2013 Winner - Fiction
The Holy Church of Sir Hamilton Whiskerface
The cat does not offer services. The cat offers itself. Of course he wants care and shelter. You don’t buy love for nothing. Like all pure creatures, cats are practical. To understand an ancient question, bring it into present time.
—William S. Burroughs
The cat sensation that began its infectious conquest of the Internet when I was in high school seemed at first like a generational anomaly—just one of many millennial hula hoops. It started benignly enough: a Flash video here and there, kitten faces Photoshopped over the heads of celebrities. Yet from the beginning, I sensed instinctually that the craze was only a small symptom of a vast continental shift that had been in effect for centuries. What I had selfishly conceived to be a private, almost holy, infatuation was fast revealed to be a near-universal biological craving, cat love and humanity fast becoming indistinguishable. The humorless welcome mats of aging women had suggested for many years that cats were the true masters of their people, but the sentiment had never been meant or taken very seriously. And anyway, a great deal of people in the world still considered them to be vermin or food.
My very first boyfriend was, shamefully, one of these individuals. He cried revolting tears when he asked if I would marry him and I said no.
“Why not?” he demanded. We were fifteen, his question hypothetical in the ugly, not-really-but-still way of adolescent males.
“You are allergic to cats.”
Later, I would learn to screen for this point of contention ahead of time, but having only recently upgraded from the pimply unfuckability of junior high, I had not yet learned that rejection was a feasible option. We settled on a weak compromise.
“What if we got married, but then I kept my cat at a friend’s house?”
He pouted, “Would you still love it more than me?”
I masked my hesitation by performing the Martyred Savior Girlfriend trick, staring directly into his eyes and smiling as though comforting a small child with a fever. Leaning in for a kiss, I tried to conjure the feeling of leaving my own gorgeous Bastet for this scraggly, manic teenager. I imagined her owl eyes peeping from the caged window of the carrier as a friend packed her into an unfamiliar car. I imagined reaching for her in the night, heart wilting as fingertips found only clammy, hairless boyflesh. The grief of this thought was as insufferable as the boy’s terrible spit-soaked teeth.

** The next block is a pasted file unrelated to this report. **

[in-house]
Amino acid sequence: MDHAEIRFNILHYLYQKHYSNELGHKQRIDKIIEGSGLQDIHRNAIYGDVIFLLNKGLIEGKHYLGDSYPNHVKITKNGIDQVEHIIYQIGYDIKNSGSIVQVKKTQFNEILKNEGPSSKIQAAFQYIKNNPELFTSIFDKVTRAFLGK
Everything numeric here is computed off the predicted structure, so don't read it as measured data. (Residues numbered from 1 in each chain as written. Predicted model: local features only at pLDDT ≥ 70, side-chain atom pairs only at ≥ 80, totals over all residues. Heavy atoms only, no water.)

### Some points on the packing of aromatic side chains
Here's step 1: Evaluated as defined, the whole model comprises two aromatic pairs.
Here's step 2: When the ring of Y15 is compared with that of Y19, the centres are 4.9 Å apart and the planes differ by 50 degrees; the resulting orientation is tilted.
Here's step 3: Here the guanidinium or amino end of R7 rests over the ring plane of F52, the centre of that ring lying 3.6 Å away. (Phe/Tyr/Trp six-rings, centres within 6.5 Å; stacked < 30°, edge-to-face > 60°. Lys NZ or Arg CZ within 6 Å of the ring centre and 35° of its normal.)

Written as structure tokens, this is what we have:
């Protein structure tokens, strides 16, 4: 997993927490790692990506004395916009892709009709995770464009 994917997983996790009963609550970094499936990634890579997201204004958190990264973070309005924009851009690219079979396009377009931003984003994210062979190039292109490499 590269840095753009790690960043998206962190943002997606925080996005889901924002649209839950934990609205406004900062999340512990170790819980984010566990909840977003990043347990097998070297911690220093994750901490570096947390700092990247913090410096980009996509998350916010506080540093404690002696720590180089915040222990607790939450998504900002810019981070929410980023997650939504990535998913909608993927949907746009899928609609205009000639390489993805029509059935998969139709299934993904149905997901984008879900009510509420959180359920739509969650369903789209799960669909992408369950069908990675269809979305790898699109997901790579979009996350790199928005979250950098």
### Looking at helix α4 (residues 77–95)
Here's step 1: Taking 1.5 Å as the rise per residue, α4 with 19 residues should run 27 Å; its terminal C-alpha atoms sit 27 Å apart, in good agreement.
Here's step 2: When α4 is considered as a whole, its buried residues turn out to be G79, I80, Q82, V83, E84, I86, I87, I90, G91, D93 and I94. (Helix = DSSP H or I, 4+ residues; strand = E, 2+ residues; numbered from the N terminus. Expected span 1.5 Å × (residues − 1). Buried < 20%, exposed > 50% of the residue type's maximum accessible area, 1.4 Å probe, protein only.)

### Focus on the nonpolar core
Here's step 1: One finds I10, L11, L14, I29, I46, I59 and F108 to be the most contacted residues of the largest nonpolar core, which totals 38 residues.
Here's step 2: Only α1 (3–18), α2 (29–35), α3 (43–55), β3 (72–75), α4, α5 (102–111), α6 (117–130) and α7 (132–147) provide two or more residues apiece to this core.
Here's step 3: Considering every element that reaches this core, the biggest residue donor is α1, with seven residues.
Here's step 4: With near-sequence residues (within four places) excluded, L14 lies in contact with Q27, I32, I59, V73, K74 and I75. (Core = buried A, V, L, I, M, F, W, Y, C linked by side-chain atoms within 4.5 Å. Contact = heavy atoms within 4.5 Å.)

“I will always love you,” I lied.
I heard, years later, that this boy was killed in a car accident in the parking lot of a Value City. I cried at the time, less from a feeling of loss than at the unfamiliar potential of mortality. I briefly considered attending his funeral—“I’m sorry for your loss, Mrs. Lee. If it makes you feel better, he always tried to feel me up when we went to the movies”—but thought better of it. For a while, I still indulged in the occasional voyeuristic click over to his abandoned blog, checking to see if anyone continued to leave him memories or prayers. Ultimately, however, he was and remains inconsequential to me.
Bastet’s eventual death, on the other hand, nests in my desolate brainstem even now. I suspect I’ll die before I stop dreaming her alive again, stop waking up tearful to find that she is still gone.
I have never expressly identified myself as a cat-lover. Before the modern cat fad, I typically found most self-described “cat-lovers” untrustworthy. They were of the same breed as the parasites that infested every comments page with self-righteous bile, demanding some sort of divine compensation for thinking and feeling correctly. They jabbed pious, pointed fingers at destitute cat hoarders, hissed monster at the poor who could not afford veterinary bills. Their homepages glimmered with luxurious gourmet cat food recipes, feathered toy mice crafted by hand, do-it-yourself scratching posts meticulously peppered with organic catnip grown in rooftop gardens. Surely they deserved recognition for the stunning feats of extraordinary empathy and kindness they produced for their furry friends. Surely those who fed their pets only bagged, processed food did not deserve love like they did.